by Dan O'Brien
As the drama unfolds this Sunday in the aptly named Harbowl, there is something fascinating brewing in the background, estranged match-ups that seem ripe for comparisons. Leading up to Super Sunday, we here at Empirical are going to provide our two cents about the marquee match-ups in this brother bowl. Joe Flacco has been called many things, chief among them "weak under pressure" and a "loser" for not making it to the Big Show. This has now changed, right before a contract year I might add, in that it certainly puts into perspective a winning quarterback who had yet to win it all. Colin Kaepernick was at the center of a QB controvery in the Bay that turned out to be less a controversy and more a misunderstanding by the public as to what was in the best interest of the team.
The proof, as they say, is in the pudding.
The 6’6” quarterback from the University of Delaware has over the course of his short career (starting in 2008) racked up some impressive statistics: an average completion rating of 60.5 percent; 102 touchdowns to only 56 interceptions. The worst season under Joe Flacco the Ravens went only 9-7, a telling statistics given the presence of a playoff wrecking ball like the Steelers being in the same division. What is most interesting about this run of winning seasons (every season since Flacco has started has been a winning season) is the lack of jewelry, the true testament to the efficacy and noteworthiness of a quarterback. Another notable Flacco fact, despite not appearing in the big game at season's end, he does hold the NFL record for most playoff road wins. While his averages are striking when juxtaposed with the same quarterback class, which includes another perennial winner as-of-yet to make it to the most important Sunday of the season, Matt Ryan, is the criticism that he [Flacco] does not have what it takes to join other Super Bowl winners.
The more important and relevant statistic is how Flacco stood up this year. The Ravens went 10-6, though this seems better than the late-season lull in Baltimore right before Ray Lewis announced his retirement at the end of the season and the AFC juggernaut gathered steam. He completed 317 of 531 passes (59.7 percent) for 3817 yards over the course of 16 starts. (I realize that you know a regular season is 16 games, but it becomes important we when compare him to a fresher quarterback who started half as many games.) He was fairly efficient, throwing 22 touchdowns to only 10 interceptions. He had an 87.7 Quarterback rating; a statistic that I think has been given too much weight in the current NFL climate.
A pretty solid year for a consistent quarterback chasing greatness.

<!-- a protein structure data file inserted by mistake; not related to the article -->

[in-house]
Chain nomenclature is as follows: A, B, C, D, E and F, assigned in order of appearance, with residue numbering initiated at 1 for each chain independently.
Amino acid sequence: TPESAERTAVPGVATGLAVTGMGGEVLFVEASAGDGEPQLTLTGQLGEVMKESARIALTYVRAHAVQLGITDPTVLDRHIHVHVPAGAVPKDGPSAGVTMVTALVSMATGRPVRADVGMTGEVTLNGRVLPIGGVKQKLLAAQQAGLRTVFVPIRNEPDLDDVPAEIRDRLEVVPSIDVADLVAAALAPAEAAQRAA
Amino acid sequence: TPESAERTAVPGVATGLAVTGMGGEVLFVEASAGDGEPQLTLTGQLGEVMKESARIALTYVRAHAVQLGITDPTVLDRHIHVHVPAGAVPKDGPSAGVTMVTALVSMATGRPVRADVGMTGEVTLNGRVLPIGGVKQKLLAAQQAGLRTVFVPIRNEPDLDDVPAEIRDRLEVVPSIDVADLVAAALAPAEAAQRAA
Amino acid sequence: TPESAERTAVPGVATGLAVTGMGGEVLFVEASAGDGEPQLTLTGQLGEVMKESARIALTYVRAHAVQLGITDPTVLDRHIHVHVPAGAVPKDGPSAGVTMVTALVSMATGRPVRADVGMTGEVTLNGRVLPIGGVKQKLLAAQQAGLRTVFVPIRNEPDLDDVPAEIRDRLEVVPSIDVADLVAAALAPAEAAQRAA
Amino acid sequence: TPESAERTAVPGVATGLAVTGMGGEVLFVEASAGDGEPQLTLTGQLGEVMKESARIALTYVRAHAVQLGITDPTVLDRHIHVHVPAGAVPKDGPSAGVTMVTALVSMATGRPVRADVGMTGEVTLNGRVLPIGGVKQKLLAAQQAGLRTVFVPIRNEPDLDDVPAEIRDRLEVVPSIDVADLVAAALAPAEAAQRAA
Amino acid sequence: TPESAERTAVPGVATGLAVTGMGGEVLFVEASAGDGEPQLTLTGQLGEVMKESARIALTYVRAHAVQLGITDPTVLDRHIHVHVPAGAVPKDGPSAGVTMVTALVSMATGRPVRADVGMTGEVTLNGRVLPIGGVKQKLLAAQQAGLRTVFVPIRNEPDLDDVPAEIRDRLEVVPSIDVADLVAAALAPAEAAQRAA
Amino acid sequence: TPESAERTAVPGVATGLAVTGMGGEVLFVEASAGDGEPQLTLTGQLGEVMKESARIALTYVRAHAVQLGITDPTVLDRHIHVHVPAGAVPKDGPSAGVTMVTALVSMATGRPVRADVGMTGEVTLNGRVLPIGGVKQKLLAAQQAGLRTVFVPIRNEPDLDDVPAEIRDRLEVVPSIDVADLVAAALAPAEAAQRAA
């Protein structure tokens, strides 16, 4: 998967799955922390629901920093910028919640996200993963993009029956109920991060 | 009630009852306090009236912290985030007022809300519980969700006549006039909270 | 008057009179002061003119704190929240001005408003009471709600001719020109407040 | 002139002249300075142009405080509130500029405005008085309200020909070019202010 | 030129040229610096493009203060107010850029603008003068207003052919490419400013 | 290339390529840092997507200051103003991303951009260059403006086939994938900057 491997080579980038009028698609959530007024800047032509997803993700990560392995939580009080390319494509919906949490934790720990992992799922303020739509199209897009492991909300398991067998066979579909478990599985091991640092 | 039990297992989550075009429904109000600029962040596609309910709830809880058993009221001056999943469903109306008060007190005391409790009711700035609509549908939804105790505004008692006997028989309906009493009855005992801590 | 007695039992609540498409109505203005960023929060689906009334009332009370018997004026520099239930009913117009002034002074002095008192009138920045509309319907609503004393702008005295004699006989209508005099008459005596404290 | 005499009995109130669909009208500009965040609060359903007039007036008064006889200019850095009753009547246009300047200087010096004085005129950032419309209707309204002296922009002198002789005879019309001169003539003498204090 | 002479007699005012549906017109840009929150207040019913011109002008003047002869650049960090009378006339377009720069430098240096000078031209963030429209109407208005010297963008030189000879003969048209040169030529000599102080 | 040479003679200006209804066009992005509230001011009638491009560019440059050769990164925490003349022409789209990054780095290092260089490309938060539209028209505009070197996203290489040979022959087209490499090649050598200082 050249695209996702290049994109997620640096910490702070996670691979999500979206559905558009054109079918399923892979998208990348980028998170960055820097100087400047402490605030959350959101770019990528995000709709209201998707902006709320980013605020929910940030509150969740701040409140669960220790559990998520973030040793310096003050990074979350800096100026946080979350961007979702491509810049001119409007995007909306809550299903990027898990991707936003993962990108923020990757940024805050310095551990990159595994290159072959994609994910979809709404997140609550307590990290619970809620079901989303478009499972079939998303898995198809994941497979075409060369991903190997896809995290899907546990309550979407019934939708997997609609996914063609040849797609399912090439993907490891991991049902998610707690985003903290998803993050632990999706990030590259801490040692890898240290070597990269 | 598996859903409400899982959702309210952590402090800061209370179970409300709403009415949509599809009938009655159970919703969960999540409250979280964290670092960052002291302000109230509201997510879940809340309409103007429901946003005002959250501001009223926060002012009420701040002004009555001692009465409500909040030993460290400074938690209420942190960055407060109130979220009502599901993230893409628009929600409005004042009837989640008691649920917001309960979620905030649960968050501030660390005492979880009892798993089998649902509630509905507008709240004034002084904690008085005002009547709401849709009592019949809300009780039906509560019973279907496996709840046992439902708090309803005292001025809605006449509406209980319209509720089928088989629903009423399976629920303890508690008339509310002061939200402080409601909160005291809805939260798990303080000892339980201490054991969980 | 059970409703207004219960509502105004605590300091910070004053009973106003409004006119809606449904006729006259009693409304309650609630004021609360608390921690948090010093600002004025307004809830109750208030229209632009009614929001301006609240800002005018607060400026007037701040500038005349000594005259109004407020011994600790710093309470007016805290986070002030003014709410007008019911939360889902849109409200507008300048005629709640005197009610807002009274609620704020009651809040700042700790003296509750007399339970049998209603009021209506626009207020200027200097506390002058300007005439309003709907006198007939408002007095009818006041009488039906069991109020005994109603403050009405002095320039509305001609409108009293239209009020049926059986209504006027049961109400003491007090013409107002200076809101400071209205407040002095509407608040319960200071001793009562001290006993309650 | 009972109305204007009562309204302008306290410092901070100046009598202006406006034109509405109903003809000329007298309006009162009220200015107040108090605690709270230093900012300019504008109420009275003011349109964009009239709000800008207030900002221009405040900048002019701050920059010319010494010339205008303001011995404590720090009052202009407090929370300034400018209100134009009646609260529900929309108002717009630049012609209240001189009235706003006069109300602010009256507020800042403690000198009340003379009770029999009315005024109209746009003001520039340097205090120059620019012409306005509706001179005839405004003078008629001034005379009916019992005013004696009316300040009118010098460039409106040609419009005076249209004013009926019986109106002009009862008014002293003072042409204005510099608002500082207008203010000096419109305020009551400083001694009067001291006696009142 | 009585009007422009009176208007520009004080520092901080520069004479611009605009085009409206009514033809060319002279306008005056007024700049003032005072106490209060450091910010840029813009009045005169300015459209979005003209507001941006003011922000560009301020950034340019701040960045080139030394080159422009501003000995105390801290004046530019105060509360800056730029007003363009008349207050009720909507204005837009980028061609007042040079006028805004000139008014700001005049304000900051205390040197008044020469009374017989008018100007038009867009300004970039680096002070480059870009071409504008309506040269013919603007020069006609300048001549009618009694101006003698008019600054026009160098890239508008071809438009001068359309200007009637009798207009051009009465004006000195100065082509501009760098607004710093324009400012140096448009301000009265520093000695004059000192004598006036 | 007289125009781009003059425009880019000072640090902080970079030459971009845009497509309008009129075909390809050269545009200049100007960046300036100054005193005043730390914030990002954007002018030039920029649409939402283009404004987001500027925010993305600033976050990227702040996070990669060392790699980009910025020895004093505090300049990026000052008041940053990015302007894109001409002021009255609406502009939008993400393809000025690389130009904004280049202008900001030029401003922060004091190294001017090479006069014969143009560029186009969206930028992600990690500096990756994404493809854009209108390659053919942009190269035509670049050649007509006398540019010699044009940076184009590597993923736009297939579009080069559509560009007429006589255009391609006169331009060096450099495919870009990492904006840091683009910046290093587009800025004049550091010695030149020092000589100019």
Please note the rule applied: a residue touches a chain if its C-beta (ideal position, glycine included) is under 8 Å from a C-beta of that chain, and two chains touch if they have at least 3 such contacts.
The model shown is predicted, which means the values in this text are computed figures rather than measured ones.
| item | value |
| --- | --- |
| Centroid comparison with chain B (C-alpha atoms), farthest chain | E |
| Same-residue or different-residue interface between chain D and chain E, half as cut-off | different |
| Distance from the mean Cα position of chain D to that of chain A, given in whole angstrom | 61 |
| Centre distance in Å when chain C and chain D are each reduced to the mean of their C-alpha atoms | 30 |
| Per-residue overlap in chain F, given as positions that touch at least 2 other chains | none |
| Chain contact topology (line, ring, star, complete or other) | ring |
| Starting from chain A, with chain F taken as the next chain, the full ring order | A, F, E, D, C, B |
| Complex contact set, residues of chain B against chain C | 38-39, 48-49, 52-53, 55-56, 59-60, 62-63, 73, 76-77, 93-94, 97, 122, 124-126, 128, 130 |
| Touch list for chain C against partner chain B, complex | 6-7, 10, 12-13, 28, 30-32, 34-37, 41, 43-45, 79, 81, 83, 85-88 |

The 6’5” quarterback who came out of Nevada-Reno has been spectacular this year. There was some speculation about his game and field management when Jim Harbaugh first benched Alex Smith after a concussion. I would think that the doubters, for the most part, have been silenced by this point in the season. With Kaepernick at the helm, the 49ers were able to do what they could not do last year: make the Super Bowl. In the 7 games that Colin started, San Francisco went 5-2. He made 136 out of 218 passes (62.4 percent) for 1814 yards. He threw 10 touchdowns to only 3 interceptions. His QBR of 98.3 is impressive, but I do not think it is as telling as many people would like to believe.
Not bad for a second-year back-up quarterback starting for a team in the Super Bowl.
Looking at the numbers, you might shrug and say So What? The numbers are pretty close and if Kaepernick had played a whole season his numbers would be about the same or marginally higher. I could regale you with statistical analysis (but this is not ESPN and I do not get paid as much as John Hollinger), but needless to say a little goes a long way in terms of what is significant.
There is a key difference between these two quarterbacks that warrants mentioning: mobility. Both are tall and athletic, but Kaepernick has a very similar game to RG3, Russell Wilson, and Michael Vick. The threat of the Read-Option, even if it is only run three times per game, gives defenses the fits. Jim Caldwell calling the offense certainly gave the Ravens a much-needed boost in the passing game, but there are only so many times that you can Ray Rice the ball on a first down before a defense knows it’s coming and renders it ineffective. The 49ers have quietly created a three-headed monster with a dynamic passing game (with Michael Crabtree, Vernon Davis, and an aging, but spry, Randy Moss), a monster running game fronted by Frank Gore, and the late year brilliance of a young Kaepernick.
I think we might be in for a slugfest this Sunday after all….
More about the author: A psychologist, author, philosopher, freelance editor, and skeptic, Dan O’Brien has published several novels and currently has many in print, including: The End of the World Playlist, Bitten, The Journey, The Ocean and the Hourglass, The Portent, The Path of the Fallen, Book of Seth, and Cerulean Dreams.
Follow him on Twitter (@AuthorDanOBrien)
Visit his blog at http://thedanobrienproject.blogspot.com.